Quantcast
Advertisement

UN calls for access to starving Syrians

In light of dramatic photos of starving Syrians that have gone global, the United Nations is calling for "unimpeded humanitarian access" to hard-to-reach sections of Syria besieged by conflict.

In the last year, the world agency has received responses to only 10 percent of requests for such access, the U.N. said in a joint statement released Thursday, and attributed to Yacoub El Hillo, U.N. resident and humanitarian coordinator in Syria, and Kevin Kennedy, U.N. regional humanitarian coordinator for the Syria crisis.

In the statement, the U.N. said it plans to deliver humanitarian aid to Madaya, a town cut off by government forces since July, as well as Foah and Kafraya, two Shia communities besieged by rebels. About 42,000 people in Madaya are at risk of starvation, and one 53-year-old man died of starvation while his family continues to battle malnutrition, according to the U.N.

"The U.N. has received credible reports of people dying from starvation and being killed while trying to leave," the statement reads.

The last aid deliveries to the three communities was in October, according to al Jazeera.

"We were living on trees, on plants," Majed Ali, a 28-year-old opposition activist from Madaya, told Reuters. "But now we are struggling in a snowstorm, and there are no more plants or leaves."

Ali told the news organization that his weight has dropped from 250 to 176 since the trouble began.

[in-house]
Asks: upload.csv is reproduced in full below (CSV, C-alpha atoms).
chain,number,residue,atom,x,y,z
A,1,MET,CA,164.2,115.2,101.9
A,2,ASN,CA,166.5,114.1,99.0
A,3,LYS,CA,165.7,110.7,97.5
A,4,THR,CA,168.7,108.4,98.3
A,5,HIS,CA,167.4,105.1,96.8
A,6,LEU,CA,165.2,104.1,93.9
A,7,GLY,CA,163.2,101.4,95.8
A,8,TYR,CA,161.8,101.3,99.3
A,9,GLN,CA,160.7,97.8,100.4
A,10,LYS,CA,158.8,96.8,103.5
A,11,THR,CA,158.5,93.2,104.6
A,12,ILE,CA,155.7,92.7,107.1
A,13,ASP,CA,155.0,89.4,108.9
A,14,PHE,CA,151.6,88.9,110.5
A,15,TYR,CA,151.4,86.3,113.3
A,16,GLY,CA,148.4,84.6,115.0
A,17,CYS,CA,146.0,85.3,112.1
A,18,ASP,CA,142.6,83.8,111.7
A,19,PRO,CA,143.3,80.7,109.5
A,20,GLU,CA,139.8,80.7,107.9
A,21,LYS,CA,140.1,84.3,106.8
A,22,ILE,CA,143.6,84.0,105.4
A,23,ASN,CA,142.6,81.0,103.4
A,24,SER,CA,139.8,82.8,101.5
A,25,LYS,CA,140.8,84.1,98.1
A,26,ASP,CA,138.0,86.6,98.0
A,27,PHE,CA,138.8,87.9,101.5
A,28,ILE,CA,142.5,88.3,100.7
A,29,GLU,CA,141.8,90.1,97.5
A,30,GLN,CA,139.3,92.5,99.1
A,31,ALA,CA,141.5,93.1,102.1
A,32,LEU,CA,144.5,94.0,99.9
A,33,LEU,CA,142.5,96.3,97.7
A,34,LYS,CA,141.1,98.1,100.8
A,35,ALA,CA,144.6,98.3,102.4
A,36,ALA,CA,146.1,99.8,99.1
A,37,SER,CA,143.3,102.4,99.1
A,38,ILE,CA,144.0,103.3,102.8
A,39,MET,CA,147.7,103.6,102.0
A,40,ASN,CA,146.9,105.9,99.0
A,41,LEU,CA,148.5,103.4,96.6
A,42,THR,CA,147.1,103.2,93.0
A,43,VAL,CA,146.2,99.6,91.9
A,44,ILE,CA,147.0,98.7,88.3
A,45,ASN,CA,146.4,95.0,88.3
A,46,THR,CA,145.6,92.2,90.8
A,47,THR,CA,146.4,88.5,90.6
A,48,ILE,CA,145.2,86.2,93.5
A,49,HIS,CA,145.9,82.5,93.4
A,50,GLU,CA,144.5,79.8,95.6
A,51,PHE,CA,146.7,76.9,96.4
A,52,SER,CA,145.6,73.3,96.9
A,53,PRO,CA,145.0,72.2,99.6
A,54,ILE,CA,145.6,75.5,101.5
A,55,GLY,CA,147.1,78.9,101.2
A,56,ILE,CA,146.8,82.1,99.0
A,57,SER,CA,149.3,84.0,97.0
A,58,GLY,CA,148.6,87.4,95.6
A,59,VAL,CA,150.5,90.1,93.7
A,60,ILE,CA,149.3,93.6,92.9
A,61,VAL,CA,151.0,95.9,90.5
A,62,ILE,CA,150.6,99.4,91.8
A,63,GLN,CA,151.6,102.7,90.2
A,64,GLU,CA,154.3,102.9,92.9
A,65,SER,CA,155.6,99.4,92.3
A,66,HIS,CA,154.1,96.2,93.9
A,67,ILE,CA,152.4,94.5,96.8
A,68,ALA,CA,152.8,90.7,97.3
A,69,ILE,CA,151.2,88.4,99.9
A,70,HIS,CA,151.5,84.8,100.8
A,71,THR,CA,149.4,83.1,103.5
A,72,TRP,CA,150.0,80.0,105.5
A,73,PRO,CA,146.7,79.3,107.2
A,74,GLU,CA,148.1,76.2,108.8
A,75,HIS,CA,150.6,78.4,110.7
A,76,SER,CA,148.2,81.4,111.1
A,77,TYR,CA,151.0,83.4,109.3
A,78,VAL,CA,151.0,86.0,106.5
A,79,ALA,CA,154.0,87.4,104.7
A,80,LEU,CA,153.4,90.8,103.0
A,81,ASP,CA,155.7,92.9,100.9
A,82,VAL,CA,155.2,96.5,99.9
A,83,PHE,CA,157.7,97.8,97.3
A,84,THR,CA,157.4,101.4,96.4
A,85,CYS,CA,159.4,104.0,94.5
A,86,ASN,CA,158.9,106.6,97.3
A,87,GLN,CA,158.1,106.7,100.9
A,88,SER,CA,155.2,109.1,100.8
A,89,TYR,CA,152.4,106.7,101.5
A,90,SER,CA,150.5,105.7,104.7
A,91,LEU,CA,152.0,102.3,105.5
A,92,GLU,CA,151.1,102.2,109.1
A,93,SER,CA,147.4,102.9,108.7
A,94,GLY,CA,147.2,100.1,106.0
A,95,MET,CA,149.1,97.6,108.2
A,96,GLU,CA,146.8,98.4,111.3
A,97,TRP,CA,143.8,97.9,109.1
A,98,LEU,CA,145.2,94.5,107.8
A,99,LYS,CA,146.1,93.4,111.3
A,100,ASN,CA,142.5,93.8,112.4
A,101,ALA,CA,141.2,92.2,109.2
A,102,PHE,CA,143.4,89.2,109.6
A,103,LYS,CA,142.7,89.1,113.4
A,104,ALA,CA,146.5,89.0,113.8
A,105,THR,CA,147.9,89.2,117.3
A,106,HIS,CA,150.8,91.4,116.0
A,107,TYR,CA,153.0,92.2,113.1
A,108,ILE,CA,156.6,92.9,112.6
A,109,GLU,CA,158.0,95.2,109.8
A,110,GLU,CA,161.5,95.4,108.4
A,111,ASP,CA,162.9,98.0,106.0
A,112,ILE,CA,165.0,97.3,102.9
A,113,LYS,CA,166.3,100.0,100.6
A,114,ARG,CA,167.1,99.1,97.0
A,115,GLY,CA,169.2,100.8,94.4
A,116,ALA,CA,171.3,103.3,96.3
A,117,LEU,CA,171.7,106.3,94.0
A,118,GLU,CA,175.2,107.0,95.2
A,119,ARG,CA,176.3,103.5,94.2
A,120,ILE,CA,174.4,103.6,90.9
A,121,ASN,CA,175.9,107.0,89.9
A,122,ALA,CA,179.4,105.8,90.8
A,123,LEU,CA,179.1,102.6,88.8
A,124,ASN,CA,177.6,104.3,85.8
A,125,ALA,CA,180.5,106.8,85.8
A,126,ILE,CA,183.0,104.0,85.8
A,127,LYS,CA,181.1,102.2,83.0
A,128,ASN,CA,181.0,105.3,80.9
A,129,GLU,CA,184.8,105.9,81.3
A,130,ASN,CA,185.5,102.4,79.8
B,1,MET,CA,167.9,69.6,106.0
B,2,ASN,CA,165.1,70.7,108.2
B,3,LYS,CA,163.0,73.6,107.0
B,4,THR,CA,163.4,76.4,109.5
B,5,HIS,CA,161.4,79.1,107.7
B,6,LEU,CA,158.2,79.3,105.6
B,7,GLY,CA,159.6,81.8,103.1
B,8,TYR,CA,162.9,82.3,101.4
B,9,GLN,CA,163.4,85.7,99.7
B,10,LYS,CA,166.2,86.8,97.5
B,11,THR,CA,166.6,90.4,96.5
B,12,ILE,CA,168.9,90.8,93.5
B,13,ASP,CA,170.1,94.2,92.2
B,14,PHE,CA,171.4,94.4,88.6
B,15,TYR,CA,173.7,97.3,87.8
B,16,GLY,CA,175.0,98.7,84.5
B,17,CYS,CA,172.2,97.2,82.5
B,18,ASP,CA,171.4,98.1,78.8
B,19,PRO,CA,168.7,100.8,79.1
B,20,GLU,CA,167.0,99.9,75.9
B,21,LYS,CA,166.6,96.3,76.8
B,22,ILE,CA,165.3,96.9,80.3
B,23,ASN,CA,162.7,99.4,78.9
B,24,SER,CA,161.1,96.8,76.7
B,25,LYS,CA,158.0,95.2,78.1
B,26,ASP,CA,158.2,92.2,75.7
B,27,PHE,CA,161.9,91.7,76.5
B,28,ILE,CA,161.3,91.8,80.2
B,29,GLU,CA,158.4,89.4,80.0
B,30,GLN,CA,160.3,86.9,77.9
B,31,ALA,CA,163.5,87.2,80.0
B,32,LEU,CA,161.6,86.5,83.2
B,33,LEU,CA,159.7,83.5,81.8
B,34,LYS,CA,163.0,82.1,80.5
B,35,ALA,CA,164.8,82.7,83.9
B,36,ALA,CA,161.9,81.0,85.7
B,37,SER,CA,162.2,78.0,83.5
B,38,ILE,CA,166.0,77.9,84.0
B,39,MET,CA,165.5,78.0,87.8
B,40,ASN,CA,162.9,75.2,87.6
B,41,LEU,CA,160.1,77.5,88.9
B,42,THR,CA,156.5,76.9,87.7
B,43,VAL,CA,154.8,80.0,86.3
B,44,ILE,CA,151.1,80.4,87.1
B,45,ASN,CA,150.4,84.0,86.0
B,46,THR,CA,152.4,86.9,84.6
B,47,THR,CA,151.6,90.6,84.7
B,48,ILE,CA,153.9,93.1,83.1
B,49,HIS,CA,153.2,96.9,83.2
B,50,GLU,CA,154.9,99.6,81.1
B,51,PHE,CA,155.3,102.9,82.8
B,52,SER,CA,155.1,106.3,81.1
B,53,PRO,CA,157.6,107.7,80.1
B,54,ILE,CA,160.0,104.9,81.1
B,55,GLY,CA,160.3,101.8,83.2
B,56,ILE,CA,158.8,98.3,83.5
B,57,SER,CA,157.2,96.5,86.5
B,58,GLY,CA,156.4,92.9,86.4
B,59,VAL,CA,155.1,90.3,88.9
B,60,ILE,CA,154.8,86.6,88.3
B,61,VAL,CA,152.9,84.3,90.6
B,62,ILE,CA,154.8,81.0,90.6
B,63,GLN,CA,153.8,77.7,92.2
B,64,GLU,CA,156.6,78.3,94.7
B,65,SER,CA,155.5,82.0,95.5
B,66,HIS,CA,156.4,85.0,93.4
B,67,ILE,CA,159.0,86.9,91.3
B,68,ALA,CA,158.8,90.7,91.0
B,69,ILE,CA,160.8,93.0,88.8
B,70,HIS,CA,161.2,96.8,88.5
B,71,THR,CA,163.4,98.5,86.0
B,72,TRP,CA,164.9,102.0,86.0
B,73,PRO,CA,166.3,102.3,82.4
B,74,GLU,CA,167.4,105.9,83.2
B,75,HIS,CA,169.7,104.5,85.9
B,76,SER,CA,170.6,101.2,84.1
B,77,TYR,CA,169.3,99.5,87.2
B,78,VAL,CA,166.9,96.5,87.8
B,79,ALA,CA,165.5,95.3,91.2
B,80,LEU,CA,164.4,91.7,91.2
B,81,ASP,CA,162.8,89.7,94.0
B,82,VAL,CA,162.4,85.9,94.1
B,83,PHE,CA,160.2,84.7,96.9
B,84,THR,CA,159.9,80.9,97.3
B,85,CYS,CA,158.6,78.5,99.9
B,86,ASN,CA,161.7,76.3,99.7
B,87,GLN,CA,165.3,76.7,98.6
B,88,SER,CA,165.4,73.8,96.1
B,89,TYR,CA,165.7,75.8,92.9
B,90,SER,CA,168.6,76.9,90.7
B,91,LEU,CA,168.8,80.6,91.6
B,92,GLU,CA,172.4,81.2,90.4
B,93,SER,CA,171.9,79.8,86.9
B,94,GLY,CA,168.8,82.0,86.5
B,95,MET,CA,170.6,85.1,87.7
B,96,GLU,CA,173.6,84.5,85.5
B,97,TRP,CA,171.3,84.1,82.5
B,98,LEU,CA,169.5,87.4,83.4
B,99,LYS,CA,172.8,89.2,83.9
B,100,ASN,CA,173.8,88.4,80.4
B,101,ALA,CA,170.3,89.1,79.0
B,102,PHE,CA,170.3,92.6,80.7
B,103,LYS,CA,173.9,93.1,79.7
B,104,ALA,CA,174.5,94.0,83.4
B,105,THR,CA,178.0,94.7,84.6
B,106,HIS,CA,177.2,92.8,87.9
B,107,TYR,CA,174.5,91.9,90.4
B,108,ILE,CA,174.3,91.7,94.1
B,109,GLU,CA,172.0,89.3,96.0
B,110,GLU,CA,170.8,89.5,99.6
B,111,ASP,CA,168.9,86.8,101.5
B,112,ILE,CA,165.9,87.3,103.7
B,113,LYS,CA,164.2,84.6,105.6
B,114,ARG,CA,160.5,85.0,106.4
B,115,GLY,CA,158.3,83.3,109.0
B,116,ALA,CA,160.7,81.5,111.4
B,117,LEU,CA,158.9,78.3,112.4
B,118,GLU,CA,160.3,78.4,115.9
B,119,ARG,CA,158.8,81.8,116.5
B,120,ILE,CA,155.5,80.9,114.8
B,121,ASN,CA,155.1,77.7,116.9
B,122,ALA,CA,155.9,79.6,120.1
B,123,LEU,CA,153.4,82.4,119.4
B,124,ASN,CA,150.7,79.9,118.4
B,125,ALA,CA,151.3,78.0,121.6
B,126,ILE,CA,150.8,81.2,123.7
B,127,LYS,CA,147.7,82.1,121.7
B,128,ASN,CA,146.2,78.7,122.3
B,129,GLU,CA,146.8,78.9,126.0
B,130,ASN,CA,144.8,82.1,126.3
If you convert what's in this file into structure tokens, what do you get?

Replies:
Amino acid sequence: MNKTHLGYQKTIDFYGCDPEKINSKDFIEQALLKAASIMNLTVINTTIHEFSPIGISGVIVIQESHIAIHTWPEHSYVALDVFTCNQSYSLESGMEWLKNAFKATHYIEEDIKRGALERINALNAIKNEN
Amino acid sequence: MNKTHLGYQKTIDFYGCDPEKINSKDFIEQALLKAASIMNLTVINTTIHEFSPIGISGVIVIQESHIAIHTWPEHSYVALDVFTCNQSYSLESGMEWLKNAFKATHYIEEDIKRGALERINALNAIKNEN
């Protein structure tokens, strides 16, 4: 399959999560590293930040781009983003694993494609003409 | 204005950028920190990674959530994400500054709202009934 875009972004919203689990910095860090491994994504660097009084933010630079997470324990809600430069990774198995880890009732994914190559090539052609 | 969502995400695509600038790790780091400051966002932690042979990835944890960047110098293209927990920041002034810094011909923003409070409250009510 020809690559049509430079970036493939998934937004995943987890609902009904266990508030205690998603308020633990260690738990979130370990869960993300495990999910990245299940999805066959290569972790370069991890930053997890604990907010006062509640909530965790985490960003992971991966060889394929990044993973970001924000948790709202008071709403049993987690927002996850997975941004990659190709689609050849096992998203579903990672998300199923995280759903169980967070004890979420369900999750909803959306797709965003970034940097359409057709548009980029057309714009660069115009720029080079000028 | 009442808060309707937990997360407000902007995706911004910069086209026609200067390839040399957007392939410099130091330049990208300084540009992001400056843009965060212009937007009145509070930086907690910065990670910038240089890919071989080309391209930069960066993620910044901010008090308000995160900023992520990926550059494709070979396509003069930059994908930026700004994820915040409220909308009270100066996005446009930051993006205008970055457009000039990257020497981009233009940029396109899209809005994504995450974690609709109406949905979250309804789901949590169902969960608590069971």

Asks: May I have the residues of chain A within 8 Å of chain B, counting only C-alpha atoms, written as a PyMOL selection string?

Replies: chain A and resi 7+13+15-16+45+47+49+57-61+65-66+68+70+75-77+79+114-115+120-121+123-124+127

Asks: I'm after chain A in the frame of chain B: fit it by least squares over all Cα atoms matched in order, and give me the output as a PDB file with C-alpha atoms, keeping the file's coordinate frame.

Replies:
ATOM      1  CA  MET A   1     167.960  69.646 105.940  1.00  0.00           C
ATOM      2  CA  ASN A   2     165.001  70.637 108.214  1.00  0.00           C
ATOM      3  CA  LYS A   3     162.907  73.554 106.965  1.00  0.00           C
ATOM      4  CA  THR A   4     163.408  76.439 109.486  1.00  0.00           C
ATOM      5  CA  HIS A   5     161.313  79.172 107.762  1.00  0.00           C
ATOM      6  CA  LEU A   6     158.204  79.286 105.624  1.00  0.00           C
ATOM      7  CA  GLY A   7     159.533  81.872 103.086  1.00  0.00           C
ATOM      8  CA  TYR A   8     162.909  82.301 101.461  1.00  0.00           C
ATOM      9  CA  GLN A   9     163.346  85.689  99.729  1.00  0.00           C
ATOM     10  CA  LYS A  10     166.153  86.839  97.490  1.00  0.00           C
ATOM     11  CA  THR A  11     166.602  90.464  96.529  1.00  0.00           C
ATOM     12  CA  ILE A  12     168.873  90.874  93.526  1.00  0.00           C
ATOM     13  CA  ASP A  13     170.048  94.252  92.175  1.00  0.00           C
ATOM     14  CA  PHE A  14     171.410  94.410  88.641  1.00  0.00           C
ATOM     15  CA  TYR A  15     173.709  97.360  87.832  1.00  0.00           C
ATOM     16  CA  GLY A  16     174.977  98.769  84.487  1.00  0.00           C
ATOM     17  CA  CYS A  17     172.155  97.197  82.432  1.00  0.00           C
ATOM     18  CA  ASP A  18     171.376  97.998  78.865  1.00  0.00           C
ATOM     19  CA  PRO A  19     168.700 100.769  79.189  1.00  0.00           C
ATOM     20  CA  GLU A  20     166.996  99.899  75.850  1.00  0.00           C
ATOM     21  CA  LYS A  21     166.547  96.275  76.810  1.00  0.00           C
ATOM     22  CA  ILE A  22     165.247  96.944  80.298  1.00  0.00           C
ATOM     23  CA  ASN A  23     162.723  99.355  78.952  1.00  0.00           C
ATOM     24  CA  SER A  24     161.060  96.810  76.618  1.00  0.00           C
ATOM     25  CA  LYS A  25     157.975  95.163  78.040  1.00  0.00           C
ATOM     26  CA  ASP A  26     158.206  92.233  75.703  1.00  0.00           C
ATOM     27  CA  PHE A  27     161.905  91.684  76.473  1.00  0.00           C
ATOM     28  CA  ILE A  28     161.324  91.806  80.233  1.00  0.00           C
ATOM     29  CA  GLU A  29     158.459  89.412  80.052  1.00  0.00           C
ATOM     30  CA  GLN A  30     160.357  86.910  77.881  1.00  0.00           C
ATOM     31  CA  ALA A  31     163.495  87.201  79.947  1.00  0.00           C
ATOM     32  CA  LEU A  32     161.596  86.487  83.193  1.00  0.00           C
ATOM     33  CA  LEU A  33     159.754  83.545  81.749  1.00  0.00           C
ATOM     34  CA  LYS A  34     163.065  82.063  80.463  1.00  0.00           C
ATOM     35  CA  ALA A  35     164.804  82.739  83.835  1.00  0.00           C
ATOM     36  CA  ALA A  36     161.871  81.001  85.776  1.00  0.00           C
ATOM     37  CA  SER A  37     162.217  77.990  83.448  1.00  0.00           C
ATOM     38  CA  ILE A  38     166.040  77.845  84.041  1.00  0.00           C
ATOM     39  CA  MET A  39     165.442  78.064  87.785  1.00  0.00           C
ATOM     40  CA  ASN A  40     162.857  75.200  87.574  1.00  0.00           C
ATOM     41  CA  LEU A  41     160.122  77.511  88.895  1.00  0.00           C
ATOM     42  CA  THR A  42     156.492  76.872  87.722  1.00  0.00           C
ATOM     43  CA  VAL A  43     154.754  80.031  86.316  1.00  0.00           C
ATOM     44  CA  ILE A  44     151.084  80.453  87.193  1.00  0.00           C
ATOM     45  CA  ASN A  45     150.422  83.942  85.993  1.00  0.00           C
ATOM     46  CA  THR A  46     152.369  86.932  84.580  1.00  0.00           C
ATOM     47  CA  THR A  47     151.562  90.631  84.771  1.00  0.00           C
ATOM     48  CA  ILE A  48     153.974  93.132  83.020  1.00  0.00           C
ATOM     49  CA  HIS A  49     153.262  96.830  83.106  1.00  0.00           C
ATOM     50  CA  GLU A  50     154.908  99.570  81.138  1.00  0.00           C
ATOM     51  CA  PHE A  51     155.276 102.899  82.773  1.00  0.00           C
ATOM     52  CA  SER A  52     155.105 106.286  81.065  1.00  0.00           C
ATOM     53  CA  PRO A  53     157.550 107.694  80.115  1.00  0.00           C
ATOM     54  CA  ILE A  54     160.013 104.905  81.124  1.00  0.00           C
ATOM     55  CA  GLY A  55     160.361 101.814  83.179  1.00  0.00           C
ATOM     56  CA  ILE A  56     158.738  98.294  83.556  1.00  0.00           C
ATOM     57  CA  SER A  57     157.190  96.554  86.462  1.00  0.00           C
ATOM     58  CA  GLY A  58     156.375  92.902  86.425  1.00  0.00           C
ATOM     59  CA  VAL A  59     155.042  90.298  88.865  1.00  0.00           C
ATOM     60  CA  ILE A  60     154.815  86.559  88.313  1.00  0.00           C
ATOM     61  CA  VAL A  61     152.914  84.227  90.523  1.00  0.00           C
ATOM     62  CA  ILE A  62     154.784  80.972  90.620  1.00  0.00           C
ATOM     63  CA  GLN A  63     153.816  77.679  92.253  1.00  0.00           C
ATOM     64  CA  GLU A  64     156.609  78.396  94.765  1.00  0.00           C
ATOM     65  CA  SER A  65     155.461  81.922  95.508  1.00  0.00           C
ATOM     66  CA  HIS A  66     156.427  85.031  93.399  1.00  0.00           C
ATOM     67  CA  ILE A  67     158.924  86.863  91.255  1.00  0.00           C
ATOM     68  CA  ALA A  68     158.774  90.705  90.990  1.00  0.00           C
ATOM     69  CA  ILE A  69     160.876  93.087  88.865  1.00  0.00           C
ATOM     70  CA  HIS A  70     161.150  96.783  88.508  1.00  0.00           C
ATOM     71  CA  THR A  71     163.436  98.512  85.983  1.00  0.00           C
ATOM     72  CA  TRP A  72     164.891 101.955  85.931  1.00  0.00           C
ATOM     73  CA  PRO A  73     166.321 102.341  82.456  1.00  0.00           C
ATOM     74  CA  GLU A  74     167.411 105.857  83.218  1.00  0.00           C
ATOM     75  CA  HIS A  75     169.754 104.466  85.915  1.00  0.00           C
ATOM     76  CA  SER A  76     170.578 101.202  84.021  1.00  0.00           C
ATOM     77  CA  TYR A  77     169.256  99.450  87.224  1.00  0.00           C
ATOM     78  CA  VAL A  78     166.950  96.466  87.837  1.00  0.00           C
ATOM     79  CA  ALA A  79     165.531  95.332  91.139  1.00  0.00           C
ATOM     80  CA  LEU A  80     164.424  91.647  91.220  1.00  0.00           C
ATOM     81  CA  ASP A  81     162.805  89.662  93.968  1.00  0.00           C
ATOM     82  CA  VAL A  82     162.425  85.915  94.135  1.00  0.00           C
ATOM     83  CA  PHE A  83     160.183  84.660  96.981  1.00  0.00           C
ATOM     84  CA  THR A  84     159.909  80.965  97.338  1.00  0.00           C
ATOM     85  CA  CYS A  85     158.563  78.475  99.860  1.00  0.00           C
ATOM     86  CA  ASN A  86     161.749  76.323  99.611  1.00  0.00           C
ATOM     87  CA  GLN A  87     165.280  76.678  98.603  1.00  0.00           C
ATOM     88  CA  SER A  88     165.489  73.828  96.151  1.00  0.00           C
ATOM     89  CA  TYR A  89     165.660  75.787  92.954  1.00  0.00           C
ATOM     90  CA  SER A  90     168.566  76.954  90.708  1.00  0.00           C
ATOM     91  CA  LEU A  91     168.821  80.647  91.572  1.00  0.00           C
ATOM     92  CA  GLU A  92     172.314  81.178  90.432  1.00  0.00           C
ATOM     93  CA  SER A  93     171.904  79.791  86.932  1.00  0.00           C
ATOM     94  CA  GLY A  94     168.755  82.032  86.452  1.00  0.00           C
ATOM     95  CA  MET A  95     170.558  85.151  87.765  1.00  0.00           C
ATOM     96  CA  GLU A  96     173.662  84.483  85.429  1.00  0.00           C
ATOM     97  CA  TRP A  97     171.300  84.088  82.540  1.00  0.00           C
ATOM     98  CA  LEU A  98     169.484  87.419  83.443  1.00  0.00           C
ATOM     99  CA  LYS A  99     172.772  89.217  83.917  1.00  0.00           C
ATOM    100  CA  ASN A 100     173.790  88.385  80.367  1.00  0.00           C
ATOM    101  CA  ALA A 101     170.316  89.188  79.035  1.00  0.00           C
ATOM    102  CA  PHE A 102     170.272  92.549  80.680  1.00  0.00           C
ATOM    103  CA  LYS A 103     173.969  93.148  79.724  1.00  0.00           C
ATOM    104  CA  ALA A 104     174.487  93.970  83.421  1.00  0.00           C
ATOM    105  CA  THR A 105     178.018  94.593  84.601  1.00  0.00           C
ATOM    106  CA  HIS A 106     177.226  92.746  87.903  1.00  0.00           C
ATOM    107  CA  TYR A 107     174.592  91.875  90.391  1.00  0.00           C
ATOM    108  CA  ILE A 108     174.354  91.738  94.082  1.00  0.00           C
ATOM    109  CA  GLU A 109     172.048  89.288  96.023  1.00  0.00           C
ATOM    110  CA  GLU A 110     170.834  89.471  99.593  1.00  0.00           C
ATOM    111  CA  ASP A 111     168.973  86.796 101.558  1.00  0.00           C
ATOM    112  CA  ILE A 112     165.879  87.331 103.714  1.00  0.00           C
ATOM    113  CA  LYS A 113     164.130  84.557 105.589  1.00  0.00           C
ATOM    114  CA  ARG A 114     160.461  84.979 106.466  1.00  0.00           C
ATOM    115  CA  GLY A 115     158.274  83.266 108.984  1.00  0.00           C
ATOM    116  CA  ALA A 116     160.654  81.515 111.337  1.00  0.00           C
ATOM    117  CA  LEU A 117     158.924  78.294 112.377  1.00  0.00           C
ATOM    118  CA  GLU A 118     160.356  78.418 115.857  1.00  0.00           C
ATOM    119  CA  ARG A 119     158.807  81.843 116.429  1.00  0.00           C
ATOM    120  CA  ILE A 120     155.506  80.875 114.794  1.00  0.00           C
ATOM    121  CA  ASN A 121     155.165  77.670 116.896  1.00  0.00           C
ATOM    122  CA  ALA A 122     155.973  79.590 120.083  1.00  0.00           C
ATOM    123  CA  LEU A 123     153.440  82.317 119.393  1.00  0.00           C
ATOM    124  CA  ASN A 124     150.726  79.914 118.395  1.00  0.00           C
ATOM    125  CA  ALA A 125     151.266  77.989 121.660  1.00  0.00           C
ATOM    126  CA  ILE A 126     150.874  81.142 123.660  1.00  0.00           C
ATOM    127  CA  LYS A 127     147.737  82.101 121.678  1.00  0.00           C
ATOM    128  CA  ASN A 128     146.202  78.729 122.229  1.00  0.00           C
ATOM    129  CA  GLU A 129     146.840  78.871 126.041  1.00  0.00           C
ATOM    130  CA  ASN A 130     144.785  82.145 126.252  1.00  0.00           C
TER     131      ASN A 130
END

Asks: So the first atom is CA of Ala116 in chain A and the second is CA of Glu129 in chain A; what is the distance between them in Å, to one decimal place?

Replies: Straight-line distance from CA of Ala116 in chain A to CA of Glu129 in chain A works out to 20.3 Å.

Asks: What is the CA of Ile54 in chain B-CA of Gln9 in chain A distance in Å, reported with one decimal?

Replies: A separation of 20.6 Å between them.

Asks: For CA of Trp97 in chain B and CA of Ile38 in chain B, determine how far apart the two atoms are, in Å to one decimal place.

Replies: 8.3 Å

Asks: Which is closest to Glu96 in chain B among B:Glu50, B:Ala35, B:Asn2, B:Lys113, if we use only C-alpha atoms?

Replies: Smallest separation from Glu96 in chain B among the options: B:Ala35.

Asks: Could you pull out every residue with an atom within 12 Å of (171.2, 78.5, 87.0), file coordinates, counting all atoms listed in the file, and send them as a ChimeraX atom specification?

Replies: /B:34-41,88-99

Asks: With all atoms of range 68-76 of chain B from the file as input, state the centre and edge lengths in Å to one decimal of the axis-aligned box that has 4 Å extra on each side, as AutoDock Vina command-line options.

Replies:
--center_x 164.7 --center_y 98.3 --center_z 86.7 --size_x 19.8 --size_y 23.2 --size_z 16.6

Madaya resident Abu Abdul Rahman told al Jazeera recently that he had not eaten in four days and that people in the community were eating pets as a desperate measure.

"There are no more cats or dogs alive in the town," Rahman said.

Medical professionals have told the DPA news agency that people are eating grass to survive, al Jazeera was reporting.

"We cannot provide milk for infants," Khaled Mohammed, a physician, told DPA, adding that a 10-year-old child recently died of malnutrition.

The issue escalated in the last week as images of emaciated children circulated via social media. In one video making the rounds, a child said he had not eaten anything in seven days.

———

©2016 USA Today
Visit USA Today at www.usatoday.com
Distributed by Tribune Content Agency, LLC.

 

Join the conversation and share your voice.

Show Comments

Advertisement
Stripes.com Editors' Picks
Advertisement

 

Advertisement